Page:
What is Sleep Apnea?
Author: MySleep

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Sleep apnea is very a common sleep disorder. It can be potentially serious, as it affects your breathing while you sleep. If your partner complains about your snoring or you wake up with a headache and feel tired and irritable all day, it is possible that you suffer from sleep apnea.

Sleep apnea is characterised by the fact that your breathing stops and starts repeatedly while you are asleep, and can lead to a variety of serious life-threatening complications, such as:

  • Heart problems or high blood pressure
  • Metabolic syndrome
  • Type 2 diabetes
  • Daytime fatigue
  • Liver problems
  • Medication and surgery complications
  • and sleep deprived partners.

What causes Sleep Apnea?

People who suffer from sleep apnea often snore loudly, and tend to feel tired despite sleeping between 7 to 9 hours per night.

Obstructive sleep apnea

During obstructive sleep apnea, the throat muscles relax, thus obstructing the airways when you inhale.

The muscles at the back of the throat support your soft palate, the uvula (small triangular tissue that hangs from the soft palate), the tongue, the side walls of the throat, and the tonsils.

When the airways are obstructed and you don't get enough oxygen, your blood-oxygen levels may drop. This will alert your brain, and you will briefly awaken in order to open your airway. Because you awaken so briefly, you won't even remember it.

However, you may also gasp, snort or choke. It's not unusual for a person to repeat this pattern between five and thirty times per hour, all night long. This will prevent you from enjoying adequate, restful and refreshing sleep.

Obstructive sleep apnea is the most common form of sleep apnea.  A sleep consultant from MySleep can advise you on the process to get tested. Note that you will require a referral from your treating healthcare practitioner.

Certain risk factors could increase your likelihood of suffering from sleep apnea, including:

  • Being male makes a person three times more likely to suffer from sleep apnea.
  • Being an adult increases your risk, especially for women after menopause.
  • A family history of snoring plays a role in your risk factor for sleep apnea.
  • Obesity, whereby fat deposits surrounding the upper airway may obstruct your breathing.
  • A bigger neck circumference may indicate narrower airways.
  • Narrowed airways combined with enlarged adenoids and tonsils can block airways.
  • Using narcotic pain medications, tranquilizers, sedatives, or alcohol causes the throat muscles to relax, which can worsen sleep apnea.
  • Smoking increases the fluid retention and inflammation in your upper airways, increasing your risk factor by three times.
  • Suffering from nasal congestion or other breathing issues in your nose due to allergies or anatomical problems can cause you to suffer from obstructive sleep apnea.
  • Suffering from congestive heart failure or having had a stroke can increase your risk of sleep apnea.

Central sleep apnea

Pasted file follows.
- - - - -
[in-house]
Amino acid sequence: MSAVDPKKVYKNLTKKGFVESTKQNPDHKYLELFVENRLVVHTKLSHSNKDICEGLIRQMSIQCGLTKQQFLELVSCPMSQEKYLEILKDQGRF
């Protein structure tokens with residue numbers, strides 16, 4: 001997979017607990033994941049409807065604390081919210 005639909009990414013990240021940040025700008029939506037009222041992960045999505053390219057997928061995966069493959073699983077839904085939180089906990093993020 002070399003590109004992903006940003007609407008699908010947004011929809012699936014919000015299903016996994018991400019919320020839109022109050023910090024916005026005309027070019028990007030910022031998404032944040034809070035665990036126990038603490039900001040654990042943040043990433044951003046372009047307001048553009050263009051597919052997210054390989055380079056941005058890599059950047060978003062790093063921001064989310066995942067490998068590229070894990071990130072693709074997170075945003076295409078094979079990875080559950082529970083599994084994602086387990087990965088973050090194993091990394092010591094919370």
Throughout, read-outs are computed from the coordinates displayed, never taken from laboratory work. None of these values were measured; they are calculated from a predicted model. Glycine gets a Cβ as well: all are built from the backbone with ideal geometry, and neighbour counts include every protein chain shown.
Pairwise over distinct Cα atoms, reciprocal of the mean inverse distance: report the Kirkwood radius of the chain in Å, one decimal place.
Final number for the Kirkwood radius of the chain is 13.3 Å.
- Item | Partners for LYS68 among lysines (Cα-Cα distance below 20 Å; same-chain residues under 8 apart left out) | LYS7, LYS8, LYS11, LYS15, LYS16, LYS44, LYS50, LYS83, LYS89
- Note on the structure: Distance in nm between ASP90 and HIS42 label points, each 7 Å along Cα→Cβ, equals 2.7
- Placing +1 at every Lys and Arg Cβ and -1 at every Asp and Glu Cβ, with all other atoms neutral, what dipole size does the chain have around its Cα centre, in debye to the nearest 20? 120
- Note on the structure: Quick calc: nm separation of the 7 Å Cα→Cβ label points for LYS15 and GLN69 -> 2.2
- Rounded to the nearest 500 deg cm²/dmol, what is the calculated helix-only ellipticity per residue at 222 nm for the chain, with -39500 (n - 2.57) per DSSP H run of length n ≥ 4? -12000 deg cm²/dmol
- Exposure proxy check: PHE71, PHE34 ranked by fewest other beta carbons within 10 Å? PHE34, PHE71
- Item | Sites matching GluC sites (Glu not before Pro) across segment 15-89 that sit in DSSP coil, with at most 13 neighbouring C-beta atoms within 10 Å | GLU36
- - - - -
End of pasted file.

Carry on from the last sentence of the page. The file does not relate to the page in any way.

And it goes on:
Central sleep apnea occurs when the brain does not send adequate messages to the respiratory system. The brain fails to signal your respiratory muscles to breathe, so your body makes no effort to breathe for a moment. You might wake up feeling short of breath, or you might have a hard time falling asleep and staying asleep.

Symptoms of Sleep Apnea

The most common symptoms of sleep apnea include episodes during which you snore loudly or stop breathing while your asleep. These symptoms will typically be reported by someone who has observed you sleeping.

You may also experience:

  • difficulty sleeping through the night (insomnia)
  • excessive sleepiness during the day (hypersomnia)
  • difficulty focusing during the day
  • waking up gasping for air during the night
  • waking up with a dry mouth
  • waking up with a headache
  • irritability

It is important to note that not every person who has sleep apnea will necessarily snore. Speak to your healthcare practitioner about your symptoms, or contact MySleep for further information.

How to treat Sleep Apnea

Sleep apnea treatment depends on the causes and risk factors. Careful attention must be paid to risk factors such as high blood pressure, diabetes and smoking. Weight management can help relief the level of obstruction in the airways.

Treatment options include:

Sleep apnea machines, such as:

  • Continuous Positive Airway Pressure (CPAP),
  • Auto-Adjusting Positive Airway Pressure (APAP)
  • or Bi-Level Positive Airway Pressure (BiPAP)

Oral devices and surgical intervention may provide suitable interventions in certain cases.

MySleep specialises in sleep and fatigue management and supplies a wide range of sleep apnea machines, masks and devices along with practical advice to help you wake up refreshed.

Please do not hesitate to contact us, should you need advice or help with sleep apnea.


Normal Airway -

Normal Airway

Obstructive Sleep Apnea - During obstructive sleep apnea, the throat muscles relax, thus obstructing the airways when you inhale.

Obstructive Sleep Apnea

During obstructive sleep apnea, the throat muscles relax, thus obstructing the airways when you inhale.

These articles might also be of interest to you:

1. How to help loved ones deal with sleep apnea 585
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2. What causes Sleep Apnea? 223
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3. Sleep Apnea Treatments and Remedies 221
Author: MySleep    Date: 19 January 2019

4. Sleep Apnea Symptoms 218
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Disclaimer: This information is for education purposes only and is intended to answer some of the frequently encountered questions about the meaning of ‘Sleep Apnea’.
If you have any questions regarding the information contained on this website please contact your physician.

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